Market Commentary – May 6, 2021

Kevin Jock

6th May 2021

    Another intra-day tumble saw Wall Street erase early gains after the White House announced their support to suspend intellectual property rights for COVID-19 vaccines amid extraordinary circumstances. A similar measure was proposed by the WTO back in October, however then President Trump had firmly opposed such plans alongside the UK, EU and Switzerland. As expected, the decision hit pharmaceutical companies hardest dragging down overall sentiment in markets. Nasdaq again hit hardest recording 5 consecutive days of declines.

    Final statements amid the G-7 meeting saw foreign ministers take a last dig at China, voicing concerns against human right abuses, encroachment onto Taiwan’s borders and cyber espionage. As President Biden continued his predecessor’s firm stance towards China, European allies have begun to follow suit.

    In Europe, broad-based benchmarks recovered previous days losses following U.S. Treasury Janet Yellen’s correction overnight whilst the FTSE100 hit a 15-month high. Meanwhile, Asia opened mixed as Japan and China resumed trading after a long weekend holiday. The Hang Seng despite a volatile session is set to close unchanged. Investors are awaiting whether China’s economic czar, Vice Premier Liu He will bail out the troubled Chinese financial conglomerate Huarong. Allowing the firm to collapse could ignite a financial crisis. Elsewhere, the Nikkei rallied 1.2% and S&P200 fell 0.9%.

    Crude oil fell but remained above $65 despite inventories in greater than deficit than anticipated. The U.S. dollar index was mute, gold remains in a tight range between $1,760 – $1,800 and bitcoin crept back to $57,000.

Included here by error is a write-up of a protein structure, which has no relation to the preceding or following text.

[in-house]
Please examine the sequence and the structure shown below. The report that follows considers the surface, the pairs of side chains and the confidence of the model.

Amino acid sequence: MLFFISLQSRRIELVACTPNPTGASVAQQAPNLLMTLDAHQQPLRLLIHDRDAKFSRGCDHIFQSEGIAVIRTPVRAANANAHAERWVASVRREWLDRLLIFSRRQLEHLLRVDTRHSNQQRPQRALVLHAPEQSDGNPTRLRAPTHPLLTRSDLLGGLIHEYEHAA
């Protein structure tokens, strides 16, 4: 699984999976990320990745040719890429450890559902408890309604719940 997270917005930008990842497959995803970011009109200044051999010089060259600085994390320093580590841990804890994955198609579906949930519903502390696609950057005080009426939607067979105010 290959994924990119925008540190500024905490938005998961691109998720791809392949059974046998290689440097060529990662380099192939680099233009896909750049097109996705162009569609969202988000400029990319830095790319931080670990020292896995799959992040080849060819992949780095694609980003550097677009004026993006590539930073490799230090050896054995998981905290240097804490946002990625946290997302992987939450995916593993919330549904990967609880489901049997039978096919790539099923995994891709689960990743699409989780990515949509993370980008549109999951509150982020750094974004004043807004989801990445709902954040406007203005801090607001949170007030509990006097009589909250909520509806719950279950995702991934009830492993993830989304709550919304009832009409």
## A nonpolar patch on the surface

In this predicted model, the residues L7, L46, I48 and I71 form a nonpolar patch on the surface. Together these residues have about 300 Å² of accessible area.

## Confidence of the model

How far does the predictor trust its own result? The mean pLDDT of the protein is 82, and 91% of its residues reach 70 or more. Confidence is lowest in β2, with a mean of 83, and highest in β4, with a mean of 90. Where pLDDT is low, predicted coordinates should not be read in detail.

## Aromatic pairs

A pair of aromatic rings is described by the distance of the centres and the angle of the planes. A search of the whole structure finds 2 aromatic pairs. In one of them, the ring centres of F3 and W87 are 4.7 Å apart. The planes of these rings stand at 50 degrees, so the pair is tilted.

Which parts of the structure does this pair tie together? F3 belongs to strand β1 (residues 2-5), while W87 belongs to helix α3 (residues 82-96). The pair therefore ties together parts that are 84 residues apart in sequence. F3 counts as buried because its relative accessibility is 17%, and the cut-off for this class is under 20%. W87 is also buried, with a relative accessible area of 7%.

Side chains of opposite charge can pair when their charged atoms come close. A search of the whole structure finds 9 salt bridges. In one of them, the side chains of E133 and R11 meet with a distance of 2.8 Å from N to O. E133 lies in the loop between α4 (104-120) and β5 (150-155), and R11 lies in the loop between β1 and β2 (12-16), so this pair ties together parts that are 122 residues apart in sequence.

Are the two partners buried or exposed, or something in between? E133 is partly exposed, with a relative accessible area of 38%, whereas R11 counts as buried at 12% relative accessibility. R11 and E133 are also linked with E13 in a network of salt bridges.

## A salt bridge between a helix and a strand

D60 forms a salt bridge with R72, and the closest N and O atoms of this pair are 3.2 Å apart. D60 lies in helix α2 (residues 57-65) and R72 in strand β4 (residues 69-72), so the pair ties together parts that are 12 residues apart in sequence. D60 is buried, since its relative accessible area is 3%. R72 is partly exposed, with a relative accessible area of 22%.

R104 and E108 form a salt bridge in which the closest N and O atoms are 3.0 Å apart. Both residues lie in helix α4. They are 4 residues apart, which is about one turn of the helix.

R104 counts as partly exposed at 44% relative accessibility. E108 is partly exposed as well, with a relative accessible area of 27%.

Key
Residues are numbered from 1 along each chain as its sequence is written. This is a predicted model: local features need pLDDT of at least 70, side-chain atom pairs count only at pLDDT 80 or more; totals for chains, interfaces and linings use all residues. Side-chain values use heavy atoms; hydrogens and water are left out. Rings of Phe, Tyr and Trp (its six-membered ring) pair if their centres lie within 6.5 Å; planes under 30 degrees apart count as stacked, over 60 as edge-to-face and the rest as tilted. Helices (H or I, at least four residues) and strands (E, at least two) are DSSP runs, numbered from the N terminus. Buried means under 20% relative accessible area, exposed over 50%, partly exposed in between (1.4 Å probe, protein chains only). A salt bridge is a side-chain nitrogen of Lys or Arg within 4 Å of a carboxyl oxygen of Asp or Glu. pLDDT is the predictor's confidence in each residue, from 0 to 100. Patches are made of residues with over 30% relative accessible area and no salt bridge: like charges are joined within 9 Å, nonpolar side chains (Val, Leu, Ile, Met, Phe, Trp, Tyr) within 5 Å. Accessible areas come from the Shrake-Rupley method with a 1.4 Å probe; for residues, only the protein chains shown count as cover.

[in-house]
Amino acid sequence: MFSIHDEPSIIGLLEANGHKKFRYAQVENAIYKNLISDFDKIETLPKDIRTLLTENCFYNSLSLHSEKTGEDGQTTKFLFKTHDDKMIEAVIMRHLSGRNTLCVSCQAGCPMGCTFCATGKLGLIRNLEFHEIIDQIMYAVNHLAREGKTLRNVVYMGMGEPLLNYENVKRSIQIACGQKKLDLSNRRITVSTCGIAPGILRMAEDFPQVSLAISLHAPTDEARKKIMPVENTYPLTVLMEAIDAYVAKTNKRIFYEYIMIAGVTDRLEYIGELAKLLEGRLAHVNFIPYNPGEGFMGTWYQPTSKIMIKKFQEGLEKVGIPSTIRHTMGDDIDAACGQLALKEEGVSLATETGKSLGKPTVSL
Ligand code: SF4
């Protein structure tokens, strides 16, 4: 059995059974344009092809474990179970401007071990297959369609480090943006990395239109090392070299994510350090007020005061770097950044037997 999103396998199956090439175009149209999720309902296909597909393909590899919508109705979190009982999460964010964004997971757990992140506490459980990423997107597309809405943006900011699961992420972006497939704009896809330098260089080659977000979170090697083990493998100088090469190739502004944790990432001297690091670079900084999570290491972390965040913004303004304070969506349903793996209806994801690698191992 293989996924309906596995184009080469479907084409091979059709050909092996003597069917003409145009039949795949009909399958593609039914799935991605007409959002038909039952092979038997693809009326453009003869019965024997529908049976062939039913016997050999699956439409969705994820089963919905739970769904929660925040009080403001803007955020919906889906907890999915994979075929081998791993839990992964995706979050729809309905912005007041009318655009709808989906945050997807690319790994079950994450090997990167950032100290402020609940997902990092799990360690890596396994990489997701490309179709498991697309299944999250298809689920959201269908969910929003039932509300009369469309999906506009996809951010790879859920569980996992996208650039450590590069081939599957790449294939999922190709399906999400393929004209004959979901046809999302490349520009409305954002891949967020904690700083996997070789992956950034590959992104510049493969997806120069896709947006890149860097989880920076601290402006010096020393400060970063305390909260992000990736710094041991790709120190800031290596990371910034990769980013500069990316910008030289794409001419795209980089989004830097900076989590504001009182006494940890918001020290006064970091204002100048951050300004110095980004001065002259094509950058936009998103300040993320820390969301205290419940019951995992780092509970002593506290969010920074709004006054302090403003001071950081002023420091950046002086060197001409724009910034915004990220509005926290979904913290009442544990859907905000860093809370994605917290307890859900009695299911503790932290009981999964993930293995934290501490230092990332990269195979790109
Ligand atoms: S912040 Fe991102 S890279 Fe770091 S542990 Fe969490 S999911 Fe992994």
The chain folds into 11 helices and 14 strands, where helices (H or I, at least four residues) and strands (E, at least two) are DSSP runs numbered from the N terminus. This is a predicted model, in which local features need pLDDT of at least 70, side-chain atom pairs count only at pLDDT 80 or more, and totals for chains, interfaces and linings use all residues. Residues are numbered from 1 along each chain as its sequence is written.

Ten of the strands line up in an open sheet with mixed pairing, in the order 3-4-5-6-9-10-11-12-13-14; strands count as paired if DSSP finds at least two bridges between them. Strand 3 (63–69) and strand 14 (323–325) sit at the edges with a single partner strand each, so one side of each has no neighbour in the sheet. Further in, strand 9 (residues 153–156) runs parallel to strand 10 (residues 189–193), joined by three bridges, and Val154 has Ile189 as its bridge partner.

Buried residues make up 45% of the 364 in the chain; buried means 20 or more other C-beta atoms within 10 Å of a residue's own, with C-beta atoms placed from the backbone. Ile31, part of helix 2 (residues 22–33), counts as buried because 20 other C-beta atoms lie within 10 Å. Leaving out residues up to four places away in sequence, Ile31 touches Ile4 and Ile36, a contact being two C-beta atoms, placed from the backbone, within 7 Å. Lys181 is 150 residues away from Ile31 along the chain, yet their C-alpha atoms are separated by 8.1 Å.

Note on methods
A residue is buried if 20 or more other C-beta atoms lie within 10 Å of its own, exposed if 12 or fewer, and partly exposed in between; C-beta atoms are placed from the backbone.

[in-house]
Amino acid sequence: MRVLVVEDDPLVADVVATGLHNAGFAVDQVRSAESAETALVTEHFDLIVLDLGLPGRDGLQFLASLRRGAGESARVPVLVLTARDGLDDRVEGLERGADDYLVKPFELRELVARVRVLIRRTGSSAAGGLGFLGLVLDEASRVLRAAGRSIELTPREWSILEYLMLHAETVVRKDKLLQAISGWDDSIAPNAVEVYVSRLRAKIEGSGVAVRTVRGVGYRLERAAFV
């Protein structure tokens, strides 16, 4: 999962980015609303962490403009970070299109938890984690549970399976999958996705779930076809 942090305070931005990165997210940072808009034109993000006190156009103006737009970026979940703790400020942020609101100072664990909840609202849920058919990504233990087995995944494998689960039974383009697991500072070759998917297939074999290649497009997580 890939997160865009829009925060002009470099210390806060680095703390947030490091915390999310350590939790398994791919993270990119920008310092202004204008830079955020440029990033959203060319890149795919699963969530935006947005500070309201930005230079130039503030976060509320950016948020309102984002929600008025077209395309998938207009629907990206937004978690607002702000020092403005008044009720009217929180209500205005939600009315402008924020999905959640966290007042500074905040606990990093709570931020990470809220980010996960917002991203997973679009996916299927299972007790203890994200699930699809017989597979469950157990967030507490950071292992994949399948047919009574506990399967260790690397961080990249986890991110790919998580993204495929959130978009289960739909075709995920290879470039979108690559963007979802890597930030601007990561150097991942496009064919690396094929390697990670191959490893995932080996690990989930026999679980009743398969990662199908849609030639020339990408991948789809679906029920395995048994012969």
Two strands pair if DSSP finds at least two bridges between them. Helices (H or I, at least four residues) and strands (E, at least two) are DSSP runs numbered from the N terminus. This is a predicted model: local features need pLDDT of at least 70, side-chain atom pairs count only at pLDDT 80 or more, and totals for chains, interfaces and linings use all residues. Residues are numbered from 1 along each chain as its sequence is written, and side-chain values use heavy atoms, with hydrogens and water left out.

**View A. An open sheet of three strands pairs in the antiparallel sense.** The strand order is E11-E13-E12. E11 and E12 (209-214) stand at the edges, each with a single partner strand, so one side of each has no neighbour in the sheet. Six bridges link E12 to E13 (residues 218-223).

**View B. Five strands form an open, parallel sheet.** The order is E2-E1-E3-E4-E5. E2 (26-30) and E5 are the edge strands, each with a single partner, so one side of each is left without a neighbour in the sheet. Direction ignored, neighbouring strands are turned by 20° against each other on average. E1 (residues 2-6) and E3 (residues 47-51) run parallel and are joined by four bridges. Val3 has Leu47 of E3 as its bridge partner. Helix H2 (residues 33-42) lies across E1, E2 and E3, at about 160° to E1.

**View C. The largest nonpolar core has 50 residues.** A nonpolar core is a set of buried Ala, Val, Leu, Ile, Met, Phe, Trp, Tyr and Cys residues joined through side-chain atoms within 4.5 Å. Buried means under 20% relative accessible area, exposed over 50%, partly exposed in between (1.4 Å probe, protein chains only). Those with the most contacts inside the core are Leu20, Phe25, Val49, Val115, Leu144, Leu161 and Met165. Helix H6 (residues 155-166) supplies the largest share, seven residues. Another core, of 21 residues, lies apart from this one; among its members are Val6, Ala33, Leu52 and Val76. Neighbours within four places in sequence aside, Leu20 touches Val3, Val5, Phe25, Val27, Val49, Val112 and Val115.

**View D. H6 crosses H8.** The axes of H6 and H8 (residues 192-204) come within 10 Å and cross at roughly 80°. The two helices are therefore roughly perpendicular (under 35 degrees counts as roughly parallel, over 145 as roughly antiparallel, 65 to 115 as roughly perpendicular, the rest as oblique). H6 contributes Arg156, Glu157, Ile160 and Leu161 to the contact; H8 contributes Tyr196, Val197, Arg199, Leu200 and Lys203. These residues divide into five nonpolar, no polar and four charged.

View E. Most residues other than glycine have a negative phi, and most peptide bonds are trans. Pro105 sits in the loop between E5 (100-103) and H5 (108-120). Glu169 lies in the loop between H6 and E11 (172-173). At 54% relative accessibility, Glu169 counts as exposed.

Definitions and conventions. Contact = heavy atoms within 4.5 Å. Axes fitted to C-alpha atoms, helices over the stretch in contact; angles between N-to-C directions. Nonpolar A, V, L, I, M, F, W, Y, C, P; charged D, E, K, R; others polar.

Crude Oil-May-06-2021-06-15-19-39-AM

Figure 1 (Source: IS Prime) Crude Oil Daily : Investors continue to buy up crude oil as inventory deficit signal despite product increases from OPEC, recovery demand outstrips supply.

Headliner to Review

  • ADP non-farm employment change came in worst than expected though still increased. 872k was estimated but only 742k actualised. In one way figures can be construed as exceptional whilst plays down the risk of inflationary pressure.
  • US economic activity in services not only missed forecast was declined from 63.7 to 62.7. However the devil in the details suggest this was not a demand issue but rather supply delays impacting businesses.

Headliner to Watch

  • No changed is expected from the BOE and the economy is still far from the central bank in pulling back quantitative easing. Investors though remain alert on the banks outlook for 2021, particularly as consensus see a potential tightening in monetary policy as early as 2022.
  • Unemployment claims out of the U.S. expected to edge lower from 553K to 540K. The improvement largely a result of President Biden’s fiscal initiatives and improving COVID-19 conditions.
  • RBA set to release their monetary policy statement. As expected, no changes to both policy rate and asset purchases on Tuesday as the central bank recognized that despite being in a better position, the global recovery remains patchy.

Any opinions, news, research, analysis, prices, or other information contained on this website is provided as general market commentary, and does not constitute investment advice.

Authors:
Antony Tan
Kevin Jock